Nurse Joseph (sitting) anesthesia training with Dr. Jeff during a surgery 

One of the things Joseph shared was how much he appreciates this program and its concentration on clinical training. In addition to the didactic teaching sessions, at Bongolo the training consists of lots of practical work, of actually providing anesthesia for surgeries. Joseph goes on to say, “You see all kinds of cases with all kinds of difficulties here. I have a lot of confidence because of all the practice we do.” He said the way the program works is each student is matched up with either Dr. Jeff, Dr. Kim or one of the trained nurse anesthetists, Ervais Iwangou or Christophe Mindonga. He feels this individual attention and practice are part of what makes this program so confidence-building as they develop their skill set. 

Nurse Peya doing practical training in the operating room

Another aspect of the program that Joseph deeply appreciates is the Bible Study discipleship component. “We began the program with a study about being sons of God rather than orphans without a father. It’s given me confidence to walk with God, to have more love and care for the patients. Jesus had a compassionate heart for the sick, we want to be like Jesus. At Bongolo, God is in the center of everything. At other places we come to work without praying and singing. It’s a good thing to put God first. God gives us strength and intelligence, man is limited but God can give us what we need.” Joseph preceded to tell a story of an older Papa* that had surgery to amputate both his feet. The Papa was extremely sick and even after the surgery they knew he would not likely live much longer in this world. Joseph presented the gospel to this Papa and his eternal life was changed in that moment. The Papa passed away but not without knowing Jesus and His saving grace!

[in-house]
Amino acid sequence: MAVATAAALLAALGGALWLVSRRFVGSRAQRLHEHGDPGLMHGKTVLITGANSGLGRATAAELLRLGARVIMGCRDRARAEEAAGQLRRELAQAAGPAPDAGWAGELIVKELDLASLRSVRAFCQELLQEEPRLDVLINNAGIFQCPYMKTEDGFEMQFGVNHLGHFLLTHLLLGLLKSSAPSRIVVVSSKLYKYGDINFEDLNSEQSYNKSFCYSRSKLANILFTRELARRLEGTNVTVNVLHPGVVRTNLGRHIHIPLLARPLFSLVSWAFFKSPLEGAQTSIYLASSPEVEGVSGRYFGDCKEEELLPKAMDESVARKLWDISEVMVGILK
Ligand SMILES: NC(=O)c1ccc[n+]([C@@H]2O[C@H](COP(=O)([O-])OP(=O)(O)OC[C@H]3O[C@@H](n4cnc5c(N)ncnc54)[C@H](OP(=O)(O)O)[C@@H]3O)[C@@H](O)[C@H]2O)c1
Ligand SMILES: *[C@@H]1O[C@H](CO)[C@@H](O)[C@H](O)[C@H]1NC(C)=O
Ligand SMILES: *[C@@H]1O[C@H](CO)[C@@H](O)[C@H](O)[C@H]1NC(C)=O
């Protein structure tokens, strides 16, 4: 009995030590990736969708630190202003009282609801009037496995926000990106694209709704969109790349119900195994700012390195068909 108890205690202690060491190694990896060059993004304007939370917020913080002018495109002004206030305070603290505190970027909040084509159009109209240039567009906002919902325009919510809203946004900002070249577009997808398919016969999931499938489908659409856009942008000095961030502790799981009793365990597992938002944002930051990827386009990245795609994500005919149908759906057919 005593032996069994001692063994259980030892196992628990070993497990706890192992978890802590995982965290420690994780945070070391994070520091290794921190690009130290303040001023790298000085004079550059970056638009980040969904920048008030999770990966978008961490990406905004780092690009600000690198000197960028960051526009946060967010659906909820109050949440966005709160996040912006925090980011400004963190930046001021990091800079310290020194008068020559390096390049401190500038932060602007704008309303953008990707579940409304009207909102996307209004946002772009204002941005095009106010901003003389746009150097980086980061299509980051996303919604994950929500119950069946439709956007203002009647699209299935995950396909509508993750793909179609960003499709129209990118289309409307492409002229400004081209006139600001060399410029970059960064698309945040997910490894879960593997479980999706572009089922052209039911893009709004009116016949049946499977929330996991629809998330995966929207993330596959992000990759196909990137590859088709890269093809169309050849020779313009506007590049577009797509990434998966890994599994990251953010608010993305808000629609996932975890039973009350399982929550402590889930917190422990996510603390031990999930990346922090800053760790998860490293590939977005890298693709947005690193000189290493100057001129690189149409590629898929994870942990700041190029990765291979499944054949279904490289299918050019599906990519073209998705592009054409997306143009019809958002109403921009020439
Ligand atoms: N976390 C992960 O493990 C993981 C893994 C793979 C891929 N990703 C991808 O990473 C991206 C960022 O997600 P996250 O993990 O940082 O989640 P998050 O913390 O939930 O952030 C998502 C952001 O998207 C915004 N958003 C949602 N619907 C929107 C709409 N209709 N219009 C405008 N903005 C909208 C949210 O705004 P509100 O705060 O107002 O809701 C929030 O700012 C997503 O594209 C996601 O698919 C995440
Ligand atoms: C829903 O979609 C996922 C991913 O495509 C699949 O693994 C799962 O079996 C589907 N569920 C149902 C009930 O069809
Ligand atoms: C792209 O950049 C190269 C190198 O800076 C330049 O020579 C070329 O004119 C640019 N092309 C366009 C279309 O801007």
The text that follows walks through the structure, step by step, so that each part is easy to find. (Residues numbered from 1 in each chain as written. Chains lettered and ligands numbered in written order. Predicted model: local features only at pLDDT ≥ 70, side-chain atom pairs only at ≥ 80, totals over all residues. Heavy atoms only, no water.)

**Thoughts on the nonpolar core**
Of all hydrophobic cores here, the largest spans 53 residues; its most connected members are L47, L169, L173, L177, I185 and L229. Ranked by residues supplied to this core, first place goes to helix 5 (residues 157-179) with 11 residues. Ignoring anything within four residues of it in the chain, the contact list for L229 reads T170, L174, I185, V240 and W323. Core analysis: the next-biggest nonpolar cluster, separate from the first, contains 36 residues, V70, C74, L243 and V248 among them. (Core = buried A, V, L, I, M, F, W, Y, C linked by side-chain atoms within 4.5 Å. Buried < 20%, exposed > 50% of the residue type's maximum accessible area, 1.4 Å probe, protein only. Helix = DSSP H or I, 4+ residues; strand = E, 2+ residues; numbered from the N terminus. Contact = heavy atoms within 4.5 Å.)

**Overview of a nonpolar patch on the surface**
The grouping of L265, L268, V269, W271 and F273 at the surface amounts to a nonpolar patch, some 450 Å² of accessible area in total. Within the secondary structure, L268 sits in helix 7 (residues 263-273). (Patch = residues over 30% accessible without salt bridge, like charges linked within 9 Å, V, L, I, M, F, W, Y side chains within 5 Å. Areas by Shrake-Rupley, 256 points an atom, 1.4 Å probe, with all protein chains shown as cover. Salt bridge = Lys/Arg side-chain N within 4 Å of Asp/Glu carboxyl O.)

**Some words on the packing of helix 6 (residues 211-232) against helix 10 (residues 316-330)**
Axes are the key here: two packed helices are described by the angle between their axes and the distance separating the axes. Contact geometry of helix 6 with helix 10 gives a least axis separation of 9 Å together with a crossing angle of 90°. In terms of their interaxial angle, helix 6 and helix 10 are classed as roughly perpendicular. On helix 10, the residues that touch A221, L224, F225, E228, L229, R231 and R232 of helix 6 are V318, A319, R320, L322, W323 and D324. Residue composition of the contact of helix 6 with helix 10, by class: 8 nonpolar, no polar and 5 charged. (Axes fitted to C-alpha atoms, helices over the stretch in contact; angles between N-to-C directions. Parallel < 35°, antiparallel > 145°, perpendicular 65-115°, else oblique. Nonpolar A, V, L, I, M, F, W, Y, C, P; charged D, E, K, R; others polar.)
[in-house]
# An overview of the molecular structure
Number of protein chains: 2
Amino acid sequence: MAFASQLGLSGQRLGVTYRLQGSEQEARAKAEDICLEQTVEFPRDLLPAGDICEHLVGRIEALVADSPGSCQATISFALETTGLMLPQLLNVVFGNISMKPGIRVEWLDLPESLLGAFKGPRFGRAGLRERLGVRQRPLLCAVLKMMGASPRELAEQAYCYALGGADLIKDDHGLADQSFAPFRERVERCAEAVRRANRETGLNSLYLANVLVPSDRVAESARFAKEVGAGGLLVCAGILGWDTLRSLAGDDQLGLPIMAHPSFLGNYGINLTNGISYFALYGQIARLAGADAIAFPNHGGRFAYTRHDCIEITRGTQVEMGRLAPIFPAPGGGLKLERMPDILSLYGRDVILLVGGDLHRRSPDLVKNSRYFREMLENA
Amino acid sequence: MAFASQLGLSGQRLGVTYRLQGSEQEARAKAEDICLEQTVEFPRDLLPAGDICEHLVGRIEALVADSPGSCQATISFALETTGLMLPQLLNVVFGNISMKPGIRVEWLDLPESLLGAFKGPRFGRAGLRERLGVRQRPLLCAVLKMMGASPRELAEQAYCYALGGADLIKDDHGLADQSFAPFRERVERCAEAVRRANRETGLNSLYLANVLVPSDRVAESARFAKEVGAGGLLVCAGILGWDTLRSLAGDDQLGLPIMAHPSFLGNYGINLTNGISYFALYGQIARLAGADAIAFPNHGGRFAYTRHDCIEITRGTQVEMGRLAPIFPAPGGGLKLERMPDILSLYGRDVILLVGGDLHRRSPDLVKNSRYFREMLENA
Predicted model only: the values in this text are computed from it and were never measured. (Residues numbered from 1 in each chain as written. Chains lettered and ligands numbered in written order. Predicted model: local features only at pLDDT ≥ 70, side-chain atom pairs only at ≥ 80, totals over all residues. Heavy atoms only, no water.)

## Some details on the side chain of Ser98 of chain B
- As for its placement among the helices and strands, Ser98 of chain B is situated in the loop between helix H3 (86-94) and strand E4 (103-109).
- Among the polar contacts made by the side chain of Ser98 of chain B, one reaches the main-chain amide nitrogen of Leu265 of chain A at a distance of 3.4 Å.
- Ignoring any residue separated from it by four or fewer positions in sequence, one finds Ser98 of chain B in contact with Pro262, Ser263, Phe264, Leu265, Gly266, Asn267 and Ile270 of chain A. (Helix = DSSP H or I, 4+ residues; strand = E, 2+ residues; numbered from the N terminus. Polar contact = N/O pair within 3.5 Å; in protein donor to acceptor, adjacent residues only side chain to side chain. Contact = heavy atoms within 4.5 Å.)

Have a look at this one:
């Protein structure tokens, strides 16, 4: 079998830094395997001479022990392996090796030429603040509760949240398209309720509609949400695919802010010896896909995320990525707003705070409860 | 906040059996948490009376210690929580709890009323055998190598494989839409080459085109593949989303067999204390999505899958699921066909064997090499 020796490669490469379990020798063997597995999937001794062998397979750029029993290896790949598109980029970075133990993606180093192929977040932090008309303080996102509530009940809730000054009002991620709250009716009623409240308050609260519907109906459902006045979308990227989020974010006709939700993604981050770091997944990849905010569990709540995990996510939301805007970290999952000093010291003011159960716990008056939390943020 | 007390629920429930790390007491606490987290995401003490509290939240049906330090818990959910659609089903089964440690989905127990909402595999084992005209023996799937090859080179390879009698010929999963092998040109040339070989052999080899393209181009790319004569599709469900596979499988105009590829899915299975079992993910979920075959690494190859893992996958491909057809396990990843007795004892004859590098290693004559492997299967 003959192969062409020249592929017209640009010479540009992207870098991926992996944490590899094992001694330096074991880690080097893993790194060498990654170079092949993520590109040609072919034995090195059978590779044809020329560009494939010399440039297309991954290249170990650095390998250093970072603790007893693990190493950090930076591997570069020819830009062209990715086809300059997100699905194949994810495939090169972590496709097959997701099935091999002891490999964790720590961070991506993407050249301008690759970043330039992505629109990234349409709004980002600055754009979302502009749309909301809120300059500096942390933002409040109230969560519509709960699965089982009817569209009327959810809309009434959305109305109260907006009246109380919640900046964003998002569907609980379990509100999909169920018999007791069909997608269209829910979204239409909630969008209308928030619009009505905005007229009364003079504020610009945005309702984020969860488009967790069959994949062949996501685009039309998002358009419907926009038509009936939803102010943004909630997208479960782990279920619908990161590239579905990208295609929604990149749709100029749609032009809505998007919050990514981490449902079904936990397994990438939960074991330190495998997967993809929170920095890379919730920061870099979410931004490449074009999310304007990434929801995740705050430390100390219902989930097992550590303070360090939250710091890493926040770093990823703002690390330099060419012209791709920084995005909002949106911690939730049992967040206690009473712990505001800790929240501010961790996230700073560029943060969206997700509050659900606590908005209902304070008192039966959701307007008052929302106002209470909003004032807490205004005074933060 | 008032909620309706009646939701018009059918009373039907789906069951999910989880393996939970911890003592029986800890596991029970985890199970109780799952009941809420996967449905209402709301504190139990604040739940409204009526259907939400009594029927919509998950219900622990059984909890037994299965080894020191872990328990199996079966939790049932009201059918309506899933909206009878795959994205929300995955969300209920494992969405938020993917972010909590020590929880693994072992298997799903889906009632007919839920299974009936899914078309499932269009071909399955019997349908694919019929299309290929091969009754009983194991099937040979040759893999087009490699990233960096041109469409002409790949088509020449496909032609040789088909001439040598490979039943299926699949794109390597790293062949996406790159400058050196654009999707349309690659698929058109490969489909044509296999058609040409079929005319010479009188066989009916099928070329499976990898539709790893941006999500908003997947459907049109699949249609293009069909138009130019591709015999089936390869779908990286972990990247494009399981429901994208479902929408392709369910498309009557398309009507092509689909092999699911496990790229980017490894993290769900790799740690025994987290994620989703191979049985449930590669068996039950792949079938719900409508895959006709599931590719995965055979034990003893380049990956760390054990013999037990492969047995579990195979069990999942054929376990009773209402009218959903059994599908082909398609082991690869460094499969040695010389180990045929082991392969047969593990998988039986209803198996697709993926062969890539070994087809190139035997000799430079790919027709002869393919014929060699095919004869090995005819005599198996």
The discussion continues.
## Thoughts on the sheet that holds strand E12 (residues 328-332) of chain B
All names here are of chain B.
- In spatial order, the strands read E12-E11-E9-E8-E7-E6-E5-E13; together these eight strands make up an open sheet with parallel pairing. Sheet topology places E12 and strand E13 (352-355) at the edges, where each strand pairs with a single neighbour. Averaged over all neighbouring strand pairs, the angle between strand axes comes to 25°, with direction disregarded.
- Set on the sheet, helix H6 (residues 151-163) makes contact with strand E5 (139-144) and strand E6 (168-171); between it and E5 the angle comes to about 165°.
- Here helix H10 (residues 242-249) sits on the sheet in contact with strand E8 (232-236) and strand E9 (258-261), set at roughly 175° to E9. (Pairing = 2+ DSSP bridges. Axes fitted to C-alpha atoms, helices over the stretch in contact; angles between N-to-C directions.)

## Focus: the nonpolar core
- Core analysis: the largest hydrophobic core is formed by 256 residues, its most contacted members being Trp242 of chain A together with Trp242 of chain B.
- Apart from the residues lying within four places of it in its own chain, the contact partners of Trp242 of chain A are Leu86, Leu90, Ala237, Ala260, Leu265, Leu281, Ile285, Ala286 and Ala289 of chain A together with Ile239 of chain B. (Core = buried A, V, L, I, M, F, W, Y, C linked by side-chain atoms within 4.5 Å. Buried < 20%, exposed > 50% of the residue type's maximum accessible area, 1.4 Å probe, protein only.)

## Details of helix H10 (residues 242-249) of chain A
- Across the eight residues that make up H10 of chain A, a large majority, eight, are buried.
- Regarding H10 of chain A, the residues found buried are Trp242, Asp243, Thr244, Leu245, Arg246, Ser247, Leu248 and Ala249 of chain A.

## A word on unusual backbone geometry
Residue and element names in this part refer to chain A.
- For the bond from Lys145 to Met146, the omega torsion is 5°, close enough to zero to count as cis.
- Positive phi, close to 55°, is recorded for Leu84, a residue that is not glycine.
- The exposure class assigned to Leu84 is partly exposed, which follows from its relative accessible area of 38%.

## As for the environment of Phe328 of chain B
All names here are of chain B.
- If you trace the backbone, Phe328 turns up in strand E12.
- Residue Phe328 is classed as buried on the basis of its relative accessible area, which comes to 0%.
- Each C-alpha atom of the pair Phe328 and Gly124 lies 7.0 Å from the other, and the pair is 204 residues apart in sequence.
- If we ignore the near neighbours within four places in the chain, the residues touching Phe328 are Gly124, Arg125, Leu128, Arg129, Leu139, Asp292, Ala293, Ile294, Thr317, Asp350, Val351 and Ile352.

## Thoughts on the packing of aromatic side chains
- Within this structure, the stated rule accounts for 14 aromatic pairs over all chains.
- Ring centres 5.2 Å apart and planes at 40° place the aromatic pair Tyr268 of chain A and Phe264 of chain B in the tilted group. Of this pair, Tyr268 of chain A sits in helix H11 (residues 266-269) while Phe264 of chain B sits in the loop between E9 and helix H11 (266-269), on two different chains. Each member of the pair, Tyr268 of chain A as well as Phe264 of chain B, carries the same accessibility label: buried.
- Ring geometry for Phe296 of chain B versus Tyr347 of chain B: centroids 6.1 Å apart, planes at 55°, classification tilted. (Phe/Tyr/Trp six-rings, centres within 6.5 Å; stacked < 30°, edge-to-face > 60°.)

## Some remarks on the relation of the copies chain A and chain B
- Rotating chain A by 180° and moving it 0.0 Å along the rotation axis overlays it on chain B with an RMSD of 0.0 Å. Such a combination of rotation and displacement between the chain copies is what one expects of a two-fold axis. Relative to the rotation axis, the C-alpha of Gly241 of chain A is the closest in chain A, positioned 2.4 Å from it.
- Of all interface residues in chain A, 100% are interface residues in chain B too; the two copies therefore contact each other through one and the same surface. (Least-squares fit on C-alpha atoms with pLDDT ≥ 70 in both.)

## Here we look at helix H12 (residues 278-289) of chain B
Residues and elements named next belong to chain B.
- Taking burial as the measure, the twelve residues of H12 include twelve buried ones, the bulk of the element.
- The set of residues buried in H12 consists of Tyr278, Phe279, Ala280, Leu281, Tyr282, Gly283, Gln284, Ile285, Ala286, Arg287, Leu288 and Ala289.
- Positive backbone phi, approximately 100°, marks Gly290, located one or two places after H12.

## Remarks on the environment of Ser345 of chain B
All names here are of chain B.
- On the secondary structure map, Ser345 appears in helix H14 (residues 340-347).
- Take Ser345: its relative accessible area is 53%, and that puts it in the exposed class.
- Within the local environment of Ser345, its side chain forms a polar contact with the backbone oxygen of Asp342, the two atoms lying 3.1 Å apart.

Anesthesia nursing program Bible study – Joseph, Ervais Iwangou, Mathieu and Peya

Joseph concluded in our interview, “It is a great adventure to learn anesthesia here!” He hopes the program continues and grows and will be recognized by the government and known all over Gabon. He said there isn’t a specialized nurse anesthesia training program in all of Gabon other than this one. “Dr. Jeff is a deep well of knowledge in anesthesia, we must profit from his knowledge!” He said what touches his heart the most about Dr. Jeff is his genuine faith and discipleship of this truth that “we are all first servants of God, not doctors or nurses.” 

Nurse Mathieu taking stats during surgery

Training programs, like this, will help to greatly mitigate one of the 3 main reasons people needlessly die in this part of the world. Now, through the training program at Bongolo, these highly skilled anesthesia nurses will join the fight.

equipment in use tracking stats during surgery

*Title of respect and endearment for an older man in this part of Africa.

Written by Alace Straw, Photography by Ulrich ILema